Five international non-governmental organisations with focus on the cocoa sector have urged chocolate producing companies to help address social and environmental issues affecting sustainable cocoa production in the cocoa producing countries, particularly in West Africa.
The NGOs are Be Slavery Free, Green America, Inkota, Mighty Earth, and National Wildlife Federation.
The NGOs through an initiative dubbed: “Easter Chocolate Scorecard”, bring to public attention chocolate producing companies that are not doing well to help prevent human rights abuses such as child labour and afforestation in cocoa producing countries.
The Easter Chocolate Scorecard initiative, introduced in 2018 in America and Europe by six international civil society organisations in the cocoa sector, is used to assess the activities of cocoa and chocolate processing companies against indicators such as human rights due diligence, transparency and traceability, deforestation and climate change, agroforestry, living income policies and child labour.
The initiators of the Easter Chocolate Scorecard, who launched the 2021 scorecard in Washington D.C., USA, last week, surveyed 31 chocolate companies and cocoa suppliers, estimated to be supplying over 80 per cent of the world’s chocolate confectionery for the exercise.
Chocolate producing companies that performed well on the six key sustainability indicators were awarded with “Good Egg” award while non-performing companies, received the “Rotten Egg” award.
In all, only three companies received the Good Egg” award.
Speaking at the Ghana launch of the initiative via Zoom on Thursday, March 18, 2021, a Senior Advisor at Mighty Earth, one of the six NGOs that conducted the study, Samuel Mawutor, said the scorecard shows that the pace for adopting agroforestry and more climate friendly farming practices is much slower than required.
For him, transforming the cocoa sector from the problematic monocultures cannot be possible without a stronger focus on forest and farm restoration through agroforestry.
He noted that companies needed to transition from tree seedling distribution and invest many more resources into growing and nurturing planted trees on cocoa farms and trees tenure security to ensure the uptake of agroforestry at scales across West Africa.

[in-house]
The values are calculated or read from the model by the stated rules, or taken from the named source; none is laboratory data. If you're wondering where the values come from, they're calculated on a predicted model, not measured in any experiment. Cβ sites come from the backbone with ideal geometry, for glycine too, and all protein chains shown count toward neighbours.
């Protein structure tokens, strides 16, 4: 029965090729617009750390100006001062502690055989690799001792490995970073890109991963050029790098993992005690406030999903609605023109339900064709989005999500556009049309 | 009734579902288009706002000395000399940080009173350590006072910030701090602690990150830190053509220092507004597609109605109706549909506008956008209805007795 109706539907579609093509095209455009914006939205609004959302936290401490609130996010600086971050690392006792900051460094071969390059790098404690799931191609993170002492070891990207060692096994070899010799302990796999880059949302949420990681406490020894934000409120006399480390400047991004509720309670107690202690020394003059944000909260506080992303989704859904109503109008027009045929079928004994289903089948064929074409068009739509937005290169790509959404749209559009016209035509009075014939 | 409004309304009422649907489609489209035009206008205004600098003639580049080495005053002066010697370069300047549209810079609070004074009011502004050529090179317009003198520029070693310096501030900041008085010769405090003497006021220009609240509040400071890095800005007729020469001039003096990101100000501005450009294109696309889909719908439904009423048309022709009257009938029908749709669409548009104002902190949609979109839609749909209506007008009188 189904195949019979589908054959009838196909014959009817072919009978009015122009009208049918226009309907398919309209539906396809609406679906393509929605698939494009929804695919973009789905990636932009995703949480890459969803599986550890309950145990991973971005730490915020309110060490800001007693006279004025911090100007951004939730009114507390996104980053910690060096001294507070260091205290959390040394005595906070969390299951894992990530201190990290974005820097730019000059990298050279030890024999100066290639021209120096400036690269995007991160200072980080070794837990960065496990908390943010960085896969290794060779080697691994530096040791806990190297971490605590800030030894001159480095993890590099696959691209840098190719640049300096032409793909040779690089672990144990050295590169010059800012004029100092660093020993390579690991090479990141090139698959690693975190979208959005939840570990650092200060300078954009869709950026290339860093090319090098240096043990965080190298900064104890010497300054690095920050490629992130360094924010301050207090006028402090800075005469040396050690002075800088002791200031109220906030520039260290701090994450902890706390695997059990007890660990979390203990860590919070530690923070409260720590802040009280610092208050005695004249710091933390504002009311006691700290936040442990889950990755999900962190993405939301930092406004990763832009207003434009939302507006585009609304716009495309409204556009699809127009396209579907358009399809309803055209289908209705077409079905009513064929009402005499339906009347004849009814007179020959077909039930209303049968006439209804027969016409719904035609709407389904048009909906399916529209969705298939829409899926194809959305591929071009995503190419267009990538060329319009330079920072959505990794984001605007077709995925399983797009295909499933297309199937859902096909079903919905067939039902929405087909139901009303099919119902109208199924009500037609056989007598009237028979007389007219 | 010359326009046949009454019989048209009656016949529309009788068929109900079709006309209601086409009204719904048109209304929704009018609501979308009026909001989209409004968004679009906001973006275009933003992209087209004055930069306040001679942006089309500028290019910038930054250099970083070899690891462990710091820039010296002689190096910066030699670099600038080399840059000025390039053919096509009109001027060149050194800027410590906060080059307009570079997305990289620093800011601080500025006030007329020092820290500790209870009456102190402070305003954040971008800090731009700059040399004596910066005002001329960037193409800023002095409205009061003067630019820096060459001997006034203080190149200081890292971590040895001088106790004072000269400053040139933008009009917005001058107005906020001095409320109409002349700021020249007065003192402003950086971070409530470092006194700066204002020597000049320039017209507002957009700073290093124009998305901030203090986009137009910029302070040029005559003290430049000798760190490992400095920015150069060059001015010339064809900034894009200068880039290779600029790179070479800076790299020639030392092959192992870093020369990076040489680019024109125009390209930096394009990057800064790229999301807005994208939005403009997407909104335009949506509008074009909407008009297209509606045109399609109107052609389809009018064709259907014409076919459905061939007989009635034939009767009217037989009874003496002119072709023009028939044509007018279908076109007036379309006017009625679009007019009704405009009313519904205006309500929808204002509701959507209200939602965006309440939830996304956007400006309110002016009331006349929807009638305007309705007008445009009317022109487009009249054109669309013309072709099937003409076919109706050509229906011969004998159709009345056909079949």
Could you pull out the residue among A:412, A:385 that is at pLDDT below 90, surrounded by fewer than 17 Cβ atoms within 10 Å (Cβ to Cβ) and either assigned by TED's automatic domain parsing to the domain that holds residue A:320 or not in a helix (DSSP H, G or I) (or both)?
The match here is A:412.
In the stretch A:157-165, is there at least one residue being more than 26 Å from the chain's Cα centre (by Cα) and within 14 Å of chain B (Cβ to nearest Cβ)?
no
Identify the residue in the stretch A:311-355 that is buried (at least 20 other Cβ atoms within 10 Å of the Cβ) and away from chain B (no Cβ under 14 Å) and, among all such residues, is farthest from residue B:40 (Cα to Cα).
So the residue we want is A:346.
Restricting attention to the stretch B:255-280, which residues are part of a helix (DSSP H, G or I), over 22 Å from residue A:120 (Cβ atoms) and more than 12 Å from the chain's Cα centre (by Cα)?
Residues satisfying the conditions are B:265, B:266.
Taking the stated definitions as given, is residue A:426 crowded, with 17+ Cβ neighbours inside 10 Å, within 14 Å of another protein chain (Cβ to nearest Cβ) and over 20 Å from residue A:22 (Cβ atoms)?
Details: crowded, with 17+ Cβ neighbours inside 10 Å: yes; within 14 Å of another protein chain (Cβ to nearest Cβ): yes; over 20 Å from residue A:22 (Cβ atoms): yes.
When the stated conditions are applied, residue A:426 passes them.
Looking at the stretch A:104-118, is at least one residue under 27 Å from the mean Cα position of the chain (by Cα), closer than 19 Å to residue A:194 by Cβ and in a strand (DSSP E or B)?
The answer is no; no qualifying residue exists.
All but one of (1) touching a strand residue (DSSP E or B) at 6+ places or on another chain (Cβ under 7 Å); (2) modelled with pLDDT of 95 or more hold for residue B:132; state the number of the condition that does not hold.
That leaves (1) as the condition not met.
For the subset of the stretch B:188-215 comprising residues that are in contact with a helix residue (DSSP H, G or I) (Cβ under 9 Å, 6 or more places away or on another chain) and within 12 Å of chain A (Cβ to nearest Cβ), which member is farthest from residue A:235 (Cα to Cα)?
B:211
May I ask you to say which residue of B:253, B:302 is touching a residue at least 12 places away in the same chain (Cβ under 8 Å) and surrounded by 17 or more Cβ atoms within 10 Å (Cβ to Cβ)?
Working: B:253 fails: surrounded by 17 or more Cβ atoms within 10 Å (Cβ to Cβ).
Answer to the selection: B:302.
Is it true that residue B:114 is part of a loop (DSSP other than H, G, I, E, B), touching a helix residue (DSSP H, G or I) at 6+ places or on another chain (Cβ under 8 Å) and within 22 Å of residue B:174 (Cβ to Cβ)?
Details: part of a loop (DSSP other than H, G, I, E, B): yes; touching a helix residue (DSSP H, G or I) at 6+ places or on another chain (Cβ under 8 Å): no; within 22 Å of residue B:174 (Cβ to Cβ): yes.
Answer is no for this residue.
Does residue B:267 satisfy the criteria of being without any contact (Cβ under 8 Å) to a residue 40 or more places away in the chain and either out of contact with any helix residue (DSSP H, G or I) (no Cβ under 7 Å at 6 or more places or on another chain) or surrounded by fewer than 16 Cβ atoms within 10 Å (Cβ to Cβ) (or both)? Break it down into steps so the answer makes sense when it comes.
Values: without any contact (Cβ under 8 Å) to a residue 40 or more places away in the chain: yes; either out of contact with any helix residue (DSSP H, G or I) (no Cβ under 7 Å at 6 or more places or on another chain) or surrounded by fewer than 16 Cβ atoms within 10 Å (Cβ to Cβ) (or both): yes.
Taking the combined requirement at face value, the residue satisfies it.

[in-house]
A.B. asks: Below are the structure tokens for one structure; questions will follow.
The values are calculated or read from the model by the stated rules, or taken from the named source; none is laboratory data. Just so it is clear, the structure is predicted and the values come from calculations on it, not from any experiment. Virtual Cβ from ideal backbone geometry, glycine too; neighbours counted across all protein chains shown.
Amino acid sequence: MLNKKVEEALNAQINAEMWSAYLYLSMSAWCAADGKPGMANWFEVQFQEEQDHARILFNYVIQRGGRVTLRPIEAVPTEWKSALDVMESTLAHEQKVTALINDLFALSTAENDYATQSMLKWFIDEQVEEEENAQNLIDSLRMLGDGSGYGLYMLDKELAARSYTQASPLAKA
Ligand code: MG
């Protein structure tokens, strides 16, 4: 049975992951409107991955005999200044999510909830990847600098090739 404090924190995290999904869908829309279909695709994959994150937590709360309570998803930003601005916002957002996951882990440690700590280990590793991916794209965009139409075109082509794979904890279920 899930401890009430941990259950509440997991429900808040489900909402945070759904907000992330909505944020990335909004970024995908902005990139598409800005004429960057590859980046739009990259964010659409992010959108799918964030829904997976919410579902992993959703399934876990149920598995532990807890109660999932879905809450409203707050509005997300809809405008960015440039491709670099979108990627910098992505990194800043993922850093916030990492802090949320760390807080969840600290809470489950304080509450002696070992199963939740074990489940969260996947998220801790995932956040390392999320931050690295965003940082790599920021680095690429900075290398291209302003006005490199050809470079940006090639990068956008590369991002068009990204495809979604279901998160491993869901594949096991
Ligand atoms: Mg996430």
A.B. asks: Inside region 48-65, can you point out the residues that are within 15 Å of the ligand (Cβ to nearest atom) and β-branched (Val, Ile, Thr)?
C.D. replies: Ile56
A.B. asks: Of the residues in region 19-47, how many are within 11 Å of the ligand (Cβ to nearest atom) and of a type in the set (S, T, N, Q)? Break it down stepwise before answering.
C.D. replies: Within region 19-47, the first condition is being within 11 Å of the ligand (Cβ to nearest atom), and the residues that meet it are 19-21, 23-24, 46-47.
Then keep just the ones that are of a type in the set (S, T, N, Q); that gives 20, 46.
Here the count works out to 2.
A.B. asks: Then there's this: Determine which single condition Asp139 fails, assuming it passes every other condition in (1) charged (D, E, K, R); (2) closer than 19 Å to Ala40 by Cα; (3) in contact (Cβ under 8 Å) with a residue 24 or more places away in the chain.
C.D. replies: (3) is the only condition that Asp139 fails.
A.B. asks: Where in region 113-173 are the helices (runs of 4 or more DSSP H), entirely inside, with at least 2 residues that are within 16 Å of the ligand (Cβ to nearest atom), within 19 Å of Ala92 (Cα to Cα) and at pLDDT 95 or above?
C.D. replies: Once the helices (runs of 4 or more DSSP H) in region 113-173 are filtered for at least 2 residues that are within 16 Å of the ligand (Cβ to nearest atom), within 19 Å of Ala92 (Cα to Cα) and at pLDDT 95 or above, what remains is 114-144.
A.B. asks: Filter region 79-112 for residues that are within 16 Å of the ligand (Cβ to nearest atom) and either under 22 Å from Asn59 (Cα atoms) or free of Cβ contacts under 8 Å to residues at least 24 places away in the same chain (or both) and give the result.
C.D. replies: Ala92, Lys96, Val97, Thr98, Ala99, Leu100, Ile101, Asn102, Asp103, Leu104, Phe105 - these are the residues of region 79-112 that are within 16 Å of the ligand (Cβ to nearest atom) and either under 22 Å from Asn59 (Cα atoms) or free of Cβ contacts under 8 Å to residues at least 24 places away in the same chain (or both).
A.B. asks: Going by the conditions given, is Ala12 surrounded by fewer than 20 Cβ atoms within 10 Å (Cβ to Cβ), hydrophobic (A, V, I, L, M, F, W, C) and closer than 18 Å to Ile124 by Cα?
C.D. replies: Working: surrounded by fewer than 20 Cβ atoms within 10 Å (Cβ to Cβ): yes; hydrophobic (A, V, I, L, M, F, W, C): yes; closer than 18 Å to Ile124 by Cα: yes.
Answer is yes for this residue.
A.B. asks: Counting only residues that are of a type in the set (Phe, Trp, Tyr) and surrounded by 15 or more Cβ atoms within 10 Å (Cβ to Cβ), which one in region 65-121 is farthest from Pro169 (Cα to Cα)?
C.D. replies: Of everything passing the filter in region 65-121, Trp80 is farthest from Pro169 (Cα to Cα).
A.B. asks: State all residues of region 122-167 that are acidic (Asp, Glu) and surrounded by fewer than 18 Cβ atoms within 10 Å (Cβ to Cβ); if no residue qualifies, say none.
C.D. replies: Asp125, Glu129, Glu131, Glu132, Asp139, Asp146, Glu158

Mr Mawutor expressed the hope that the scorecard would help to improve issues bothering on human rights, particularly child labour as well as to help contribute to avoiding deforestation and also improving the living standards of cocoa farmers.
“If a company does not know where their cocoa comes from, they cannot ensure it is not tainted by child labour, deforestation, or other abuses. Without transparency on the traceability, civil society cannot hold companies accountable. Transparent traceability is crucial as a bedrock for all other reforms,” he explained.
For his part, Managing Campaigner of EcoCare Ghana, a local non-governmental organisation, Mr Obed Owusu-Addai, said his outfit in collaboration with the Ghana Civil Society Cocoa Platform (GCCP), decided to localise the issues raised in the Easter Scorecard abroad and situating them within the context of current cocoa conversations in the country.
He said “in recent times, there has been both local and international concerns about the circumstances under which cocoa is produced, adding that “this has prompted several high level discussions on the future of cocoa production.”
He said in spite of the several billions of dollars accrued each year by the chocolate producing companies, many cocoa farmers in Ghana and Cote d’Ivoire, the two world’s leading producers of cocoa live in abject poverty.
“In Ghana, the average cocoa farmer lives on 82 cent per day while in Cote d’Ivoire, its around 54 cent per day,” Mr Owusu Addai noted.
For him, the “irony is that the chocolate industry is valued at over $100 billion (as at 2019) and Fairtrade International estimates that farmers only get six per cent of that multi-billion industry,” pointing out that “Majority of the financial benefits go to multi-national cocoa purchasing and processing companies based in Europe and United States of America.”
He expressed the worry that many of the multi-national companies in the cocoa sector had done little to improve the lots of cocoa farmers in many cocoa producing countries, particularly Ghana and Cote d’Ivoire.
“Every year, these multi-national companies invest in programmes in cocoa growing communities with the aim of improving productivity. They publish little gains made in a few communities and take them to their board of directors to camouflage the real problems in the sector,” Mr Owusu-Addai pointed out.
He noted, for instance, that many of the chocolate companies are failing to pay the living income differential meant to improve the wellbeing of farmers in Ghana and Cote d’Ivoire.
He was of the view that majority of the chocolate companies that were assessed on the Easter Chocolate Scorecard were only paying the base rate determined by the international market and are not paying extra to support the living income of farmers.
“Ghana and Cote d’Ivoire managed to get $400 dollars extra money as living income differential for farmers, but, what we found out was that these multinationals are using excuses such as COVID-19 pandemic to evade the payment of this extra income,” he explained.
Mr Owusu-Addai noted further that even the programmes that multi-national companies embark on in the cocoa growing communities, only 10 per cent of cocoa farmers in Ghana benefit from it.
“It is usually said that Ghana has 800,000 farm families, but the recent figures from COCOBOD when they were launching the Cocoa Pension Scheme indicates that there are over 1.5 million cocoa farmers. So only about 150,000 farmers are involved in these sustainability programmes but the multi-national companies use these programmes as an escape route to avoid paying equitable prices to farmers,” he noted.